It's super frustrating that I can take photos like this when I'm just playing with my camera:

  But when I try to take photos of a garment I made for myself, they come out like this.

  Anyway, I'm done trying to photograph this cardigan, I think it's impossible.

  Regardless of my painful photography attempts, I love this one! The fit isn't perfect, but it's super-comfortable, I love the sleeves, and it goes with most of my clothes.

  I used my basic tee block (which I need to re-do... I've changed shape quite a bit since drafting it) and altered it to make this pattern. The sleeves have a lettuce-edged circular flounce, the same as the peplum shirt I made earlier this year.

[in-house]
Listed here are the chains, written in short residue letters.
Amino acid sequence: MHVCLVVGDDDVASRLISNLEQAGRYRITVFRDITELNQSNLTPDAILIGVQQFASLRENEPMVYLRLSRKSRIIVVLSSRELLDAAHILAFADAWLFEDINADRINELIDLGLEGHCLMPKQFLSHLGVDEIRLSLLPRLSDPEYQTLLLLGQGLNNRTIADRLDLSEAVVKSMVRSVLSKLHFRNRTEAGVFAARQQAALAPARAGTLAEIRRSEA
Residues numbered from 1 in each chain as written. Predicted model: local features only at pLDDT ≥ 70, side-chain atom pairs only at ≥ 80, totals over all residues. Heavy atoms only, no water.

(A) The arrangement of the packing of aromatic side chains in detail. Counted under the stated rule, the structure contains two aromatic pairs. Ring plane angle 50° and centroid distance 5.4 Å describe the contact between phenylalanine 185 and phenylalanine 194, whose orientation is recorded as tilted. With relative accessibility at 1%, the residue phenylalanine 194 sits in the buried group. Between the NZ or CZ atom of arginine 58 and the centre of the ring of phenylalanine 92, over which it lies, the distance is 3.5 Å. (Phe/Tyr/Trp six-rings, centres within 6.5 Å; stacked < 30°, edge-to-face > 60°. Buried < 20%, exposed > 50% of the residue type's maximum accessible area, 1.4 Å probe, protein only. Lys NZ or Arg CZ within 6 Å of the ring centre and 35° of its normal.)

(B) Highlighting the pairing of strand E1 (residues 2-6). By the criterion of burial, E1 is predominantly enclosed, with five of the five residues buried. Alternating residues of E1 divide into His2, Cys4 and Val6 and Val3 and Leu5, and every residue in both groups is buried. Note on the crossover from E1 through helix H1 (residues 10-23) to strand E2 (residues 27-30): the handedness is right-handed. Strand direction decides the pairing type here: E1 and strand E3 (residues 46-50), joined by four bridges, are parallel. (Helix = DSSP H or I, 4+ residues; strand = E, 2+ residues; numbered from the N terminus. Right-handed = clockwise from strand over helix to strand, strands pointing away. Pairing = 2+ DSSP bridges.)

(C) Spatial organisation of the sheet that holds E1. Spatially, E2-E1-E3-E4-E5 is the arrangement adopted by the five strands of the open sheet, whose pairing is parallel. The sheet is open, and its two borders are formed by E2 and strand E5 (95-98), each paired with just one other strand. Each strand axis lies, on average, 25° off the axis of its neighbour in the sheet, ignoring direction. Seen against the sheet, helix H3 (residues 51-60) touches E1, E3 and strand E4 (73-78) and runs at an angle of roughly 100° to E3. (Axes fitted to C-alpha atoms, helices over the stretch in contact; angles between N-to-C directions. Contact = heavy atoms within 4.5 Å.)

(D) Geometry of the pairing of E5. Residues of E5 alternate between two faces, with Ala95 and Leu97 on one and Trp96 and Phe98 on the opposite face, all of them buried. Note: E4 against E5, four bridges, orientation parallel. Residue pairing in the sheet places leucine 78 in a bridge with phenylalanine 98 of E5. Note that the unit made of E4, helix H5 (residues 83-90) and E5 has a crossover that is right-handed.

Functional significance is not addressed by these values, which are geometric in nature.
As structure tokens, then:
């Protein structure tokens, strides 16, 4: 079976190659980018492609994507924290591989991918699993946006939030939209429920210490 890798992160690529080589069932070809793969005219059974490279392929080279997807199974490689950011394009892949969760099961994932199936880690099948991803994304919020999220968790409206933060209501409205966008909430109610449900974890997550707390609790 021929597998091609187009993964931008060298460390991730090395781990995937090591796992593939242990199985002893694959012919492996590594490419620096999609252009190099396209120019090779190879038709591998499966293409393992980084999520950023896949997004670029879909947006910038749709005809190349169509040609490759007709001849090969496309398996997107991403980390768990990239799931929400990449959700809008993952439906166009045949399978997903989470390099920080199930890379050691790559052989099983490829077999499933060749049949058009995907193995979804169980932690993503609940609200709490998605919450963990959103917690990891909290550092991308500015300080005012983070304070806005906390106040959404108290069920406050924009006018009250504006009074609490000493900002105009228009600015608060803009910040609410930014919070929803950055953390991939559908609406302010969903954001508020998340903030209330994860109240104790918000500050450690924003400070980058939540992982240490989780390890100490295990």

I had plans to make this cardigan ever since I made this shirt. I made the changes I was thinking about then, and I definitely prefer this version.

  Instead of attaching it to a shirt, I decided it would be more versatile as its own piece. The entire bodice is lined, but the sleeves are not. I followed my tutorial to attach them.

  The knit is from Girl Charlee this spring, and it is gorgeous. Soft, thick, stretchy, doesn't pill and has barely faded over about 30 washes...everything I love in a knit! I think that this is the one I bought, but am not positive.

  That's about it for this garment! =)

Thanks for stopping by!

Thursday, October 9, 2014

Polka-Dot Fawn Lily Dress

  You've probably seen the Fawn Lily Pattern by now. There are plenty of pretty versions floating around the internet! I held out on buying this one for a long time, because too many of the patterns I've bought have been very poorly designed and drafted, and I wasn't sure how this one would be. As you can see, I did eventually break down and get it!